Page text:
Crim Prof Brigette Siff Holmes, director of the Social Justice Institute at Franklin Pierce Law Center, was recently named "Lawyer of the Year" by the Merrimack County Bar Association. The award is made annually to a member of the Association "who makes a remarkable contribution to improve the well-being of the citizens of the county, state or nation and those contributions are above and beyond the ordinary attorney."
Attorney Siff Holmes was honored for her long record of public service, and "because Siff Holmes, and the body of work she promotes, touches the lives of ordinary people in very fundamental ways."
Prior to moving to New Hampshire, Siff Holmes served as a public defender in Alaska. From 1988 to 1992, she worked in New Hampshire representing many indigent clients. Siff Holmes joined Pierce Law in June 2000. As director of the Social Justice Institute, she spends much of her time encouraging students to pursue careers in public interest law, and is active in raising funds to support the Institute and its programs. [Mark Godsey]
From nytimes.com: Thursday in Hudson v. Michigan, the Supreme Court affirmed the power of police officers backed by a search warrant to enter a home without knocking.
It was not disputed that the Detroit police officers had violated the Supreme Court's modern interpretation of the Fourth Amendment, which generally holds that officers with a warrant should knock first. The question for the justices was whether the violation was serious enough to throw out the appellant's conviction.
The court, in a 5-4 decision, concluded that it was not. Justice Antonin Scalia, in writing the opinion, noted the difference between a situation in which evidence is seized without a warrant and a situation like appellant's when the police came with a warrant. He wrote, too, that other remedies, like civil suits and disciplinary actions within police departments, are in place to counter lapses like those committed by the Detroit officers.
Justice Scalia was joined by Justice Samuel A. Alito and Chief Justice John G. Roberts Jr. Justices Clarence Thomas and Anthony M. Kennedy were also in the majority, but Justice Kennedy wrote a separate opinion in which he said the court's holding today should not be interpreted as suggesting that violations of the knock-and-announce requirement "are trivial or beyond the law's concern." Justice Stephen G. Breyer wrote a heated dissent, joined by Justices John Paul Stevens, David H. Souter and Ruth Bader Ginsburg. More. . . [Mark Godsey]
Wednesday, June 14, 2006
According to the Star-Ledger, The New Jersey Department of Corrections has instituted one of the nation's tightest restrictions on media access to state prisons, including a complete ban on interviews with inmates.
Inmates have long used such interviews to protest their innocence, decry prison conditions or just tell their life stories, not always a welcome prospect for law enforcement officials and victims of crime.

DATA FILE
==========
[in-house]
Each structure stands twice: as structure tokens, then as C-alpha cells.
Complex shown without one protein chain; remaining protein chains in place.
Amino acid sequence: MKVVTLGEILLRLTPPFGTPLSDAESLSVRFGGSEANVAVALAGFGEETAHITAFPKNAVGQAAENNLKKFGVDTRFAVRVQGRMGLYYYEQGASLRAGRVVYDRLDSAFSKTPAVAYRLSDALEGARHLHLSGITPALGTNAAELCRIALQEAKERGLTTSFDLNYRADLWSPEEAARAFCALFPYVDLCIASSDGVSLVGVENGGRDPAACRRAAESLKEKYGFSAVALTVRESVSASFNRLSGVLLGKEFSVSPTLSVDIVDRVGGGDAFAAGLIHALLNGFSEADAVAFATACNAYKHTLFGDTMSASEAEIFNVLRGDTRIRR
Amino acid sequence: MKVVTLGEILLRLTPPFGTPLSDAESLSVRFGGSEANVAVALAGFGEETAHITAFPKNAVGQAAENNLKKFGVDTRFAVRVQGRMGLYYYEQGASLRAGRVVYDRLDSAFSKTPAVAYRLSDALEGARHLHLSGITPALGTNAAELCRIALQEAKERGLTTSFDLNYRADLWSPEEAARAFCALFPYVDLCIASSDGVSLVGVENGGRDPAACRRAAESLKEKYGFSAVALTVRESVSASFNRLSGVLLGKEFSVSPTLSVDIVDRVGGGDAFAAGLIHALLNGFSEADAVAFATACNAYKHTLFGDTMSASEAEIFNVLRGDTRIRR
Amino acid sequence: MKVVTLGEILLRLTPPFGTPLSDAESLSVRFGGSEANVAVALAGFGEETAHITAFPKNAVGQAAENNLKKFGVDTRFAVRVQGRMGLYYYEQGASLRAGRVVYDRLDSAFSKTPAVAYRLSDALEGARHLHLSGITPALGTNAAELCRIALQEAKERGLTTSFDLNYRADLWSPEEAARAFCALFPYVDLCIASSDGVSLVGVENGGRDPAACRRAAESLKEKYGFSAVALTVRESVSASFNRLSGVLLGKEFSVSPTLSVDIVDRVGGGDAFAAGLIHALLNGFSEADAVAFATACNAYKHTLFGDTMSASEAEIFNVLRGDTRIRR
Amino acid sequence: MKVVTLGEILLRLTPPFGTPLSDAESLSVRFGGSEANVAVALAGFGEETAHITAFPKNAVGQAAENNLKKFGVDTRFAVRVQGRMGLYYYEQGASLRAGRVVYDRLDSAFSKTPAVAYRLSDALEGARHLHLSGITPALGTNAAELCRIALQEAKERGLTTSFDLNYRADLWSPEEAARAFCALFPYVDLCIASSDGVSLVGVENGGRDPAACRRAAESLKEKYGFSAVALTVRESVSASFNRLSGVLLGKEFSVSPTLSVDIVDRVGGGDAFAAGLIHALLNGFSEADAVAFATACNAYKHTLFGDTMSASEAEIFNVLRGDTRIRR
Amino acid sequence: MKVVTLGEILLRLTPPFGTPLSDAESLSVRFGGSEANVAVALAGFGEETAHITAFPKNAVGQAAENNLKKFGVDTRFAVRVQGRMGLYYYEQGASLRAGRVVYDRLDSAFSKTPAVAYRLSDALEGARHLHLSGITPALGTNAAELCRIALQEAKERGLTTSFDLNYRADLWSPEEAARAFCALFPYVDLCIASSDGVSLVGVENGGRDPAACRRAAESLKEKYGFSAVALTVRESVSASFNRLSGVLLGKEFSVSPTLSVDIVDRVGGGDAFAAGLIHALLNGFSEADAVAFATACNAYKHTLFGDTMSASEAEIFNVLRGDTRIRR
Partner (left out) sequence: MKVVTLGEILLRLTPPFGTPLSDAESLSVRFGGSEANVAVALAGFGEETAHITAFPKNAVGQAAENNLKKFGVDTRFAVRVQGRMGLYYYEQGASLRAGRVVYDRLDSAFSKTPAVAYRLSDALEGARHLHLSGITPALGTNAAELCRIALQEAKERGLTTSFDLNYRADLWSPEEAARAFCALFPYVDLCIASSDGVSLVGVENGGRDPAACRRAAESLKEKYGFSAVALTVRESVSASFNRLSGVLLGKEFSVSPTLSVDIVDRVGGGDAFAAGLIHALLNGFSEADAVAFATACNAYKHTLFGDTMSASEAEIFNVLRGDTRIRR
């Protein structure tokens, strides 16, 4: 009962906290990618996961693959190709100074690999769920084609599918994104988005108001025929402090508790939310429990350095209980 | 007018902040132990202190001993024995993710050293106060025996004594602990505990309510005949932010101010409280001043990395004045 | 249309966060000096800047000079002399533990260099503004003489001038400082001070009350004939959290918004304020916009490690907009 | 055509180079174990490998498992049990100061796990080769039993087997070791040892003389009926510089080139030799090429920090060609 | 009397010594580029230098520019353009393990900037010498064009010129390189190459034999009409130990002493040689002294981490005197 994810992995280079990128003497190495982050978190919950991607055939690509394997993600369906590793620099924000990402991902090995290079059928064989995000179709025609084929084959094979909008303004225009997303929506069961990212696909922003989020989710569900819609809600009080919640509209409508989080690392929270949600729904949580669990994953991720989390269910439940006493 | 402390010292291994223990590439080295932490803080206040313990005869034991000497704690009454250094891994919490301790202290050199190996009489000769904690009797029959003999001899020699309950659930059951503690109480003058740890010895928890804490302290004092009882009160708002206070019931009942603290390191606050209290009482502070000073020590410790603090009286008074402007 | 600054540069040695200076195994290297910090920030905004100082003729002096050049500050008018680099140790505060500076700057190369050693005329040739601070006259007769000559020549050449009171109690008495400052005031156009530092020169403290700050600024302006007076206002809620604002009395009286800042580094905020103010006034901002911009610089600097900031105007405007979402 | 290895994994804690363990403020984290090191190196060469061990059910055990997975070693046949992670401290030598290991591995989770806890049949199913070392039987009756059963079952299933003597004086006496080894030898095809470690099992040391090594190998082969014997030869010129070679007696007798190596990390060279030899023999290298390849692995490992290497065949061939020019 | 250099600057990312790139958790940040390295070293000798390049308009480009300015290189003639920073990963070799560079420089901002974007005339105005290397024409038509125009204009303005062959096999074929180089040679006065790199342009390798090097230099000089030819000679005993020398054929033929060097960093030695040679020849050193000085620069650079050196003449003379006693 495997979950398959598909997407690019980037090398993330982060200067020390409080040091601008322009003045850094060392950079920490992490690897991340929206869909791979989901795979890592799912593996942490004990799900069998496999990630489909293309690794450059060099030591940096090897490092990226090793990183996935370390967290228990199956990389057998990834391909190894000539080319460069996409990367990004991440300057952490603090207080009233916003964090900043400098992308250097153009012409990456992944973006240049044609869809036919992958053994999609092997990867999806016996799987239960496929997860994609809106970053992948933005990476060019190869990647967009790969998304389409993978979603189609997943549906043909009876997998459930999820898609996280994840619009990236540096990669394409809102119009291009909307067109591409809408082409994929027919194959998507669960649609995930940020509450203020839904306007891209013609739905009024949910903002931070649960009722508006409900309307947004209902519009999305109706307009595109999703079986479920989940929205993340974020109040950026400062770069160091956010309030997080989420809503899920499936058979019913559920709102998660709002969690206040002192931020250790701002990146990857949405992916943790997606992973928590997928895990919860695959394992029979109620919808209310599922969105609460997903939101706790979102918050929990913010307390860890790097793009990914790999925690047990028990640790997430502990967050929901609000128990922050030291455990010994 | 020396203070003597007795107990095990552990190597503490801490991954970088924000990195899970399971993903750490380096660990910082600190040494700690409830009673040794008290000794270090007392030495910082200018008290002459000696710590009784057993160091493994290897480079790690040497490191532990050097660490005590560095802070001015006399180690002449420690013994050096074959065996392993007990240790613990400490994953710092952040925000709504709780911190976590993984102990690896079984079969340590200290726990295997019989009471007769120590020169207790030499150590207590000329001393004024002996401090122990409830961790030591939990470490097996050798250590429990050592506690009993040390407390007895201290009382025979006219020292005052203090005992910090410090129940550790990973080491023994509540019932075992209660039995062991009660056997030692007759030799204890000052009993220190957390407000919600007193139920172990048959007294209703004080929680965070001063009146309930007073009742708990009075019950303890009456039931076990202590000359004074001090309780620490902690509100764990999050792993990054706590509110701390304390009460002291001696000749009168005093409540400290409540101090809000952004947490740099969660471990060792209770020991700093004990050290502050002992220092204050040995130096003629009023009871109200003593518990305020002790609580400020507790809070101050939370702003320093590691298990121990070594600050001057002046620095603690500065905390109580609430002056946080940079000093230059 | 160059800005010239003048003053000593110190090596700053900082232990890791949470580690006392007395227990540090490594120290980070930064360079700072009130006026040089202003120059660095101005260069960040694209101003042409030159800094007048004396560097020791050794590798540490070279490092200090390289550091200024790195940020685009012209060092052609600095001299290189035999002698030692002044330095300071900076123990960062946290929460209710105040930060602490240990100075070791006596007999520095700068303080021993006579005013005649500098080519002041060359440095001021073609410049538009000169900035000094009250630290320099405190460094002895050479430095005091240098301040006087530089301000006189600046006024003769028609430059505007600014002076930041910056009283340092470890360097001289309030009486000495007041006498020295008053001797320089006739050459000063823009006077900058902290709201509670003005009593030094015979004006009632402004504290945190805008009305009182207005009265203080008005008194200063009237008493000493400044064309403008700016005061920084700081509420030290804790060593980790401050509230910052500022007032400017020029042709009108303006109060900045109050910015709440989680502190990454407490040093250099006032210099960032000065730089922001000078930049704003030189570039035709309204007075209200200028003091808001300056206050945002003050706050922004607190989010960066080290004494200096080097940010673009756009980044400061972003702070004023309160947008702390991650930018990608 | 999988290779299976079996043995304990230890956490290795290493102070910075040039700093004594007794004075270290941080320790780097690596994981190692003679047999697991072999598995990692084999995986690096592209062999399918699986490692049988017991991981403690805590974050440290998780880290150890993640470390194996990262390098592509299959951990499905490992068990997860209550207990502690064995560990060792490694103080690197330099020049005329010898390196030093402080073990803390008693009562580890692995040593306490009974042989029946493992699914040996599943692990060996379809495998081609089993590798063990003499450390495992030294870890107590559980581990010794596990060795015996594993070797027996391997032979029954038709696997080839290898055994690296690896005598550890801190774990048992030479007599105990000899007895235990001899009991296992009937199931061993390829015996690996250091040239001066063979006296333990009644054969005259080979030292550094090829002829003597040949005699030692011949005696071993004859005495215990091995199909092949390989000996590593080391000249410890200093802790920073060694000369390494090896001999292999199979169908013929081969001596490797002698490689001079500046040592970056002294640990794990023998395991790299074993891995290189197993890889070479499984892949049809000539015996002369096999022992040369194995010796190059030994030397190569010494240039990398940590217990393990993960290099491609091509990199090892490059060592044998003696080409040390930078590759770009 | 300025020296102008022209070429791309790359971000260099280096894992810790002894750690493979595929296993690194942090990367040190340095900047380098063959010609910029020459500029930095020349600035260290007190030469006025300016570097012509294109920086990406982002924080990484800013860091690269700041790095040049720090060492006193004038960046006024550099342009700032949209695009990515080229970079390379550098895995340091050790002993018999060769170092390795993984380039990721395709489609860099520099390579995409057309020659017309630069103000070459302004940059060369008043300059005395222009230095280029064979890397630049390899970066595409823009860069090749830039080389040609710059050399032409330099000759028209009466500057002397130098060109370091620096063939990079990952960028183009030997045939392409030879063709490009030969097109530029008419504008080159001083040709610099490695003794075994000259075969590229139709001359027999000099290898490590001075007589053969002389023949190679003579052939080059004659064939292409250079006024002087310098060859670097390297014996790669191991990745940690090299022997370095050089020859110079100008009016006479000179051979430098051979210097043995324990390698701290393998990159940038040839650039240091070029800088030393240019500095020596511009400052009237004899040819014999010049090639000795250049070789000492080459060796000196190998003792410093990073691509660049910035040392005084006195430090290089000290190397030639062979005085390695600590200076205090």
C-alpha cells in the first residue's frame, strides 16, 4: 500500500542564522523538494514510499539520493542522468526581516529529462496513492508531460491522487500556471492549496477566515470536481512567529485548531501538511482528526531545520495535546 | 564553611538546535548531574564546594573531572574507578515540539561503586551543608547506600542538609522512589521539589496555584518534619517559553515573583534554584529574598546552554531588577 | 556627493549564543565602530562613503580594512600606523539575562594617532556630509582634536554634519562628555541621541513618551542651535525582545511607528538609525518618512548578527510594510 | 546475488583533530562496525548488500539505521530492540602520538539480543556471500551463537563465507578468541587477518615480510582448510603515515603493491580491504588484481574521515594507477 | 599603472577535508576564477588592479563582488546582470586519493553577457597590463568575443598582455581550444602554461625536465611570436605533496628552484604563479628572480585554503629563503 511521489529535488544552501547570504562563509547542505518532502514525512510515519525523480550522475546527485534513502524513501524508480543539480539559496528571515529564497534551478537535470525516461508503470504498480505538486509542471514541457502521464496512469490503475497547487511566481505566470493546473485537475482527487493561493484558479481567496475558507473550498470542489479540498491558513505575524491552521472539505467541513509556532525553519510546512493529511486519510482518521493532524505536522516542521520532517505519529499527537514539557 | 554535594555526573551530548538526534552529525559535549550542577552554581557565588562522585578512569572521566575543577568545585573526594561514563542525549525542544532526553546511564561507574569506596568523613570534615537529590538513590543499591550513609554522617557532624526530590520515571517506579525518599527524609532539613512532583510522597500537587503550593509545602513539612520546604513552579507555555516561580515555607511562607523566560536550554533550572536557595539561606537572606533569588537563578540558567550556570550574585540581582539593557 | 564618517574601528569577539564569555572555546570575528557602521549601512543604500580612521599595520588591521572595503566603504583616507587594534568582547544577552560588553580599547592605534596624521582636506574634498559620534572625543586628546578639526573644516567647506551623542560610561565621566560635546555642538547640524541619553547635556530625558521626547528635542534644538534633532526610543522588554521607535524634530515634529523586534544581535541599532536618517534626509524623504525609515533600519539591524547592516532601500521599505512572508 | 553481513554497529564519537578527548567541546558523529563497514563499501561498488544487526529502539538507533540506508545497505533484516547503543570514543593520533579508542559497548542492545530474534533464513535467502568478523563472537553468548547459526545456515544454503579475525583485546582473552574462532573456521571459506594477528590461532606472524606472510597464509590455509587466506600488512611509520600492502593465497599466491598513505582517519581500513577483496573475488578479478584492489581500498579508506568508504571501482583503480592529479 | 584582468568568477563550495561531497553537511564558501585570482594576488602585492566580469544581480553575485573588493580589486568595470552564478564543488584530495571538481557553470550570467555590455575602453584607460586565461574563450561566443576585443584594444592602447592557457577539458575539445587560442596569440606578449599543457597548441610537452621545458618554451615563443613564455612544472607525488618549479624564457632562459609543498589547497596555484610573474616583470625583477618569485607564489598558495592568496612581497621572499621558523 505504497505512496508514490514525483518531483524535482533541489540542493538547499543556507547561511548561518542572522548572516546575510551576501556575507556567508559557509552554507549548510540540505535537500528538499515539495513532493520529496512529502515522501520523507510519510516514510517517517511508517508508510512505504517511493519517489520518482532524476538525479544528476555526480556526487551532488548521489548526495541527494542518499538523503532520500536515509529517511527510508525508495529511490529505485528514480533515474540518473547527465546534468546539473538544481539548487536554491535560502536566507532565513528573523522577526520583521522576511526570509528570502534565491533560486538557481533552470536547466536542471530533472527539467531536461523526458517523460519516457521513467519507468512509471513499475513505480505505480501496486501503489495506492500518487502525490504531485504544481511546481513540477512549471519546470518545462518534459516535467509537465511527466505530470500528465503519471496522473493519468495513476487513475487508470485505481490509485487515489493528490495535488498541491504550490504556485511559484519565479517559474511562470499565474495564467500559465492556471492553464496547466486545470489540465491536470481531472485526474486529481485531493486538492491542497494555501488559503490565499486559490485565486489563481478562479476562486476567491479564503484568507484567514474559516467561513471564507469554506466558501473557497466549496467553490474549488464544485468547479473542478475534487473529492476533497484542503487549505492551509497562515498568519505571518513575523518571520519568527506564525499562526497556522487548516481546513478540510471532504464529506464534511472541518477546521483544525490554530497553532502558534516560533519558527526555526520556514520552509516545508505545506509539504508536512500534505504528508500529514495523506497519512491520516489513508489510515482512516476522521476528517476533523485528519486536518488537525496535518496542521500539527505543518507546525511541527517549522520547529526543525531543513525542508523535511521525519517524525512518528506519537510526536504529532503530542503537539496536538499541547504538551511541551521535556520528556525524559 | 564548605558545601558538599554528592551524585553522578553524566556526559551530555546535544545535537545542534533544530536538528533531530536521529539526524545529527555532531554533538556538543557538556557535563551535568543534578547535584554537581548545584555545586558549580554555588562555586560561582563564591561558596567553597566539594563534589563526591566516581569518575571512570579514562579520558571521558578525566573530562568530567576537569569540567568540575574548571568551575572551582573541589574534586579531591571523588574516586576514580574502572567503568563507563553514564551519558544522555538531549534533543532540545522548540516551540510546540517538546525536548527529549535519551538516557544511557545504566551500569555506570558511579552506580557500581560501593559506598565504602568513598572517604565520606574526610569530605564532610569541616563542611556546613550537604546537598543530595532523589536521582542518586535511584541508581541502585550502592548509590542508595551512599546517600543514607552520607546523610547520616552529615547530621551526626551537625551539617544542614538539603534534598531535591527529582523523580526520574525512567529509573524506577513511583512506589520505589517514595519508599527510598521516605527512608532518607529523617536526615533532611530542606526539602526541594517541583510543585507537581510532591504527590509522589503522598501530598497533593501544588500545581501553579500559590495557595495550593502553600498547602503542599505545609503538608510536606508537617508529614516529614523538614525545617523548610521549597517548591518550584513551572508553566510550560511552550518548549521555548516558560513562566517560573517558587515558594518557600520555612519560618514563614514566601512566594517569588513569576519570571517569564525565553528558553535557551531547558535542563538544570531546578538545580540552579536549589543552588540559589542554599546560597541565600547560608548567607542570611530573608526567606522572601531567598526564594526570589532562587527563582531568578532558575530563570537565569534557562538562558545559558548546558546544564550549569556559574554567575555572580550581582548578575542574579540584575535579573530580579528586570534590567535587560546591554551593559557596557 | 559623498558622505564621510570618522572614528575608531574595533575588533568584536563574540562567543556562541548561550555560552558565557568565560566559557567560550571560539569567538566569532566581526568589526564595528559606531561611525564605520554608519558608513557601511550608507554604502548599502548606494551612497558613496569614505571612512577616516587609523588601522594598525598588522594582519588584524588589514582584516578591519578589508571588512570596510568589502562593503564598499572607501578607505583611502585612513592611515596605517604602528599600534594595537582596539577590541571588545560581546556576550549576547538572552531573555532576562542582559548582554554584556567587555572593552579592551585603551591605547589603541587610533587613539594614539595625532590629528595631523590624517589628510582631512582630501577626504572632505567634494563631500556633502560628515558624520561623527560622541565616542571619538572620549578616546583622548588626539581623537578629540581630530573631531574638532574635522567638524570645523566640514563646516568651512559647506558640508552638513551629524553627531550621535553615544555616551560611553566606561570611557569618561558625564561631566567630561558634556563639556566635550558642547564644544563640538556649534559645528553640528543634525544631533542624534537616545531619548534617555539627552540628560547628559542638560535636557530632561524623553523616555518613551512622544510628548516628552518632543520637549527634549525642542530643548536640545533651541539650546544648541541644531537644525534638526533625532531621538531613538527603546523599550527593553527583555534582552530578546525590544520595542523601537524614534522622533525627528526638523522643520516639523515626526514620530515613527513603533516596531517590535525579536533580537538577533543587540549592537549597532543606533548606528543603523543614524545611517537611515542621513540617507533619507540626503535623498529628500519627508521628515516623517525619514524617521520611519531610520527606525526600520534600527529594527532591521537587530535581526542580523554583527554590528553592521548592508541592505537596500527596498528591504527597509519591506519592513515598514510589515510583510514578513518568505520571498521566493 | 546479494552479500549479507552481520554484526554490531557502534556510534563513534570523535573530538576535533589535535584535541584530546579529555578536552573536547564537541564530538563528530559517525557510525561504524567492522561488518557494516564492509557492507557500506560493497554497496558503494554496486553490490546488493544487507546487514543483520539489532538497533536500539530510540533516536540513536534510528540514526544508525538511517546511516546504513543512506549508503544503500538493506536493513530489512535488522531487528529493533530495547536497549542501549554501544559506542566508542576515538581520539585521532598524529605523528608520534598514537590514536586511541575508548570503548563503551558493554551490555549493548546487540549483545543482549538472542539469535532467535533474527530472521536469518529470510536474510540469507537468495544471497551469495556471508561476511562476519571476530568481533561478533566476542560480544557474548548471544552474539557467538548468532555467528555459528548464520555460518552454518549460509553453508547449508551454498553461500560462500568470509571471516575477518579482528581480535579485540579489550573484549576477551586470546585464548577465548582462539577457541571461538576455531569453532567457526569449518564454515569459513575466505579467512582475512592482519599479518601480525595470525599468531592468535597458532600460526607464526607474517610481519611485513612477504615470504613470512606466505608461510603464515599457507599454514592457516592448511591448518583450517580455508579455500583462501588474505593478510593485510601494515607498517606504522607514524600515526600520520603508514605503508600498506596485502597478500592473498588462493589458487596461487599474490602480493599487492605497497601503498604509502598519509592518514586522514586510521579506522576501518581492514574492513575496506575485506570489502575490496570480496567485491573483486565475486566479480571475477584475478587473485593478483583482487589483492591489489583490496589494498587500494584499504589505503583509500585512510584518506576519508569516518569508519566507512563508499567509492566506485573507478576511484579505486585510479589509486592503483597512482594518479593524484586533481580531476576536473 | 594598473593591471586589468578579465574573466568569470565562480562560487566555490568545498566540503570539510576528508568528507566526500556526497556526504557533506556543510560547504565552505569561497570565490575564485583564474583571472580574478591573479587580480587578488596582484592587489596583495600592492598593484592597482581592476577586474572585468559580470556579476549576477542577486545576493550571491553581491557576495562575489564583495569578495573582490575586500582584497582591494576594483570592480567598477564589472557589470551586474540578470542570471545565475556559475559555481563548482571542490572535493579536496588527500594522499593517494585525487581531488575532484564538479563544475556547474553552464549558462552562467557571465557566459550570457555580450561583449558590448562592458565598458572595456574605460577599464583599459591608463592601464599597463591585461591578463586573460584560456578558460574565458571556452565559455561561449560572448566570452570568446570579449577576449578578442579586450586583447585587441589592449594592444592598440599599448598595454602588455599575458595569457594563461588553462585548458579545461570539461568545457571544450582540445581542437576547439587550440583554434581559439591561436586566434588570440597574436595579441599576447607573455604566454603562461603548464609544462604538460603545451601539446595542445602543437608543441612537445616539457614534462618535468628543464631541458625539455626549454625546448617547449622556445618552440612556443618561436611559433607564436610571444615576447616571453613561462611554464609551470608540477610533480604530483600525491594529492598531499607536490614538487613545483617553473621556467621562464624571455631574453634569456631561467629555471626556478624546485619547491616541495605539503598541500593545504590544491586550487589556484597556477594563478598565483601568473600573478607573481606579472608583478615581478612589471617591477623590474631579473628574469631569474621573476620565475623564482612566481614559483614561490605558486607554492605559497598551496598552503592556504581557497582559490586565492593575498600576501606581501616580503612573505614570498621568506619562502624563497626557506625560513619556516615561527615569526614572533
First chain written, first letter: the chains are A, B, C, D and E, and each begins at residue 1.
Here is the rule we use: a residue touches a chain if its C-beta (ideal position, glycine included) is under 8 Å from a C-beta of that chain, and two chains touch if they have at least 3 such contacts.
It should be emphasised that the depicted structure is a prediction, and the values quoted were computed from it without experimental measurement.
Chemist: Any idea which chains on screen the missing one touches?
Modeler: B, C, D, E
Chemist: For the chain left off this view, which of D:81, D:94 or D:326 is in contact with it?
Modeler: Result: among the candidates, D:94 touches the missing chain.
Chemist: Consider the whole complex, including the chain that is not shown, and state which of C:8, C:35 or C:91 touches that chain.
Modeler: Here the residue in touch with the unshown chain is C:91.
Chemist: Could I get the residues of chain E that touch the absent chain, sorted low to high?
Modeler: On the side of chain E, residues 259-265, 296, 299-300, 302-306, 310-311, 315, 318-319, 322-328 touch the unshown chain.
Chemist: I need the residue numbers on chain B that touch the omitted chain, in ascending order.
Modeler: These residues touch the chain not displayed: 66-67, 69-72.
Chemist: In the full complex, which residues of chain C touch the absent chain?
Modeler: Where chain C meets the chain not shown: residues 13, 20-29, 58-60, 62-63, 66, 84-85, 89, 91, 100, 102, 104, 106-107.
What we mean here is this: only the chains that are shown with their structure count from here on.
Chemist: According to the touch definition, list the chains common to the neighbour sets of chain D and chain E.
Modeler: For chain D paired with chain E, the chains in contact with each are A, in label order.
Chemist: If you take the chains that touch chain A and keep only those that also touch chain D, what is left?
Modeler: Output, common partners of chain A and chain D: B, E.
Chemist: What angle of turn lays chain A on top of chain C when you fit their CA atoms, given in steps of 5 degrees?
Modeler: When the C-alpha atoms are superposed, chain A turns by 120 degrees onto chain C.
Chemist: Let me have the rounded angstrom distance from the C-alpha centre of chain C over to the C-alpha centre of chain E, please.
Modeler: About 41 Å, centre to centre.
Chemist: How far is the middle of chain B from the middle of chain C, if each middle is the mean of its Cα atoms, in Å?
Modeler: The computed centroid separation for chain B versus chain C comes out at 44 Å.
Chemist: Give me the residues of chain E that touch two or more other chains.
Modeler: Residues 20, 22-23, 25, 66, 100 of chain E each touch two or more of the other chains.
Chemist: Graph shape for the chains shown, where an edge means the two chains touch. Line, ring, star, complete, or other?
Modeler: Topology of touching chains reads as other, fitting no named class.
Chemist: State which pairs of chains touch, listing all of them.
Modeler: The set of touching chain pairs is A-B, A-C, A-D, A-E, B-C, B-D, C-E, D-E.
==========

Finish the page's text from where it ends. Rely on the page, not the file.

In interviews, press organizations, inmate advocates, constitutional lawyers and the American Civil Liberties Union condemned the new policy, saying it represented an erosion of the public's right to know what is going on inside a public institution. More. . . [Mark Godsey]
From washingtonpost.com: In Chicago, attorneys for a man accused of serving as a "sleeper agent" in the U.S. for Saddam Hussein's regime, have asked a federal judge whether the National Security Agency eavesdropped on his phone conversations. Prosecutors say a Justice Department Representative will answer the question, but only in the judge's chambers with defense attorneys not allowed.
Such secret procedures, once rare in American courts, have become more common since the Sept. 11 terrorist attacks. Prosecutors say they need secrecy to protect undercover agents, informants, and witnesses from terrorist reprisals and to keep critical information pipelines from being shut down.
But defense attorneys say the right of defendants to confront their accusers, guaranteed by the Sixth Amendment to the Constitution, is being worn away under the guise of national security.
"It's critical to the functioning of a healthy democracy that people know what the government is doing in their name," said Georgetown University Law Center Crim Prof David Cole. More. . . [Mark Godsey]
From NPR.com: This week the Supreme Court decided Hill v. McDonough and opened the door to new constitutional challenges to lethal injection. In the unanimous opinion written by Justice Kennedy, the court said those condemned to die can make last-minute claims that the chemicals used are too painful, and that their use is tantamount to cruel and unusual punishment.
Thirty years ago, death by lethal injection was conceived of as a more humane way to execute the condemned; 37 states now use that method -- all but one of the states that administers capital punishment.
But the lethal cocktail that is used has not changed, and critics charge that unnecessary suffering is caused by the drug combination and the lack of training for those who administer it. More. . . [Mark Godsey]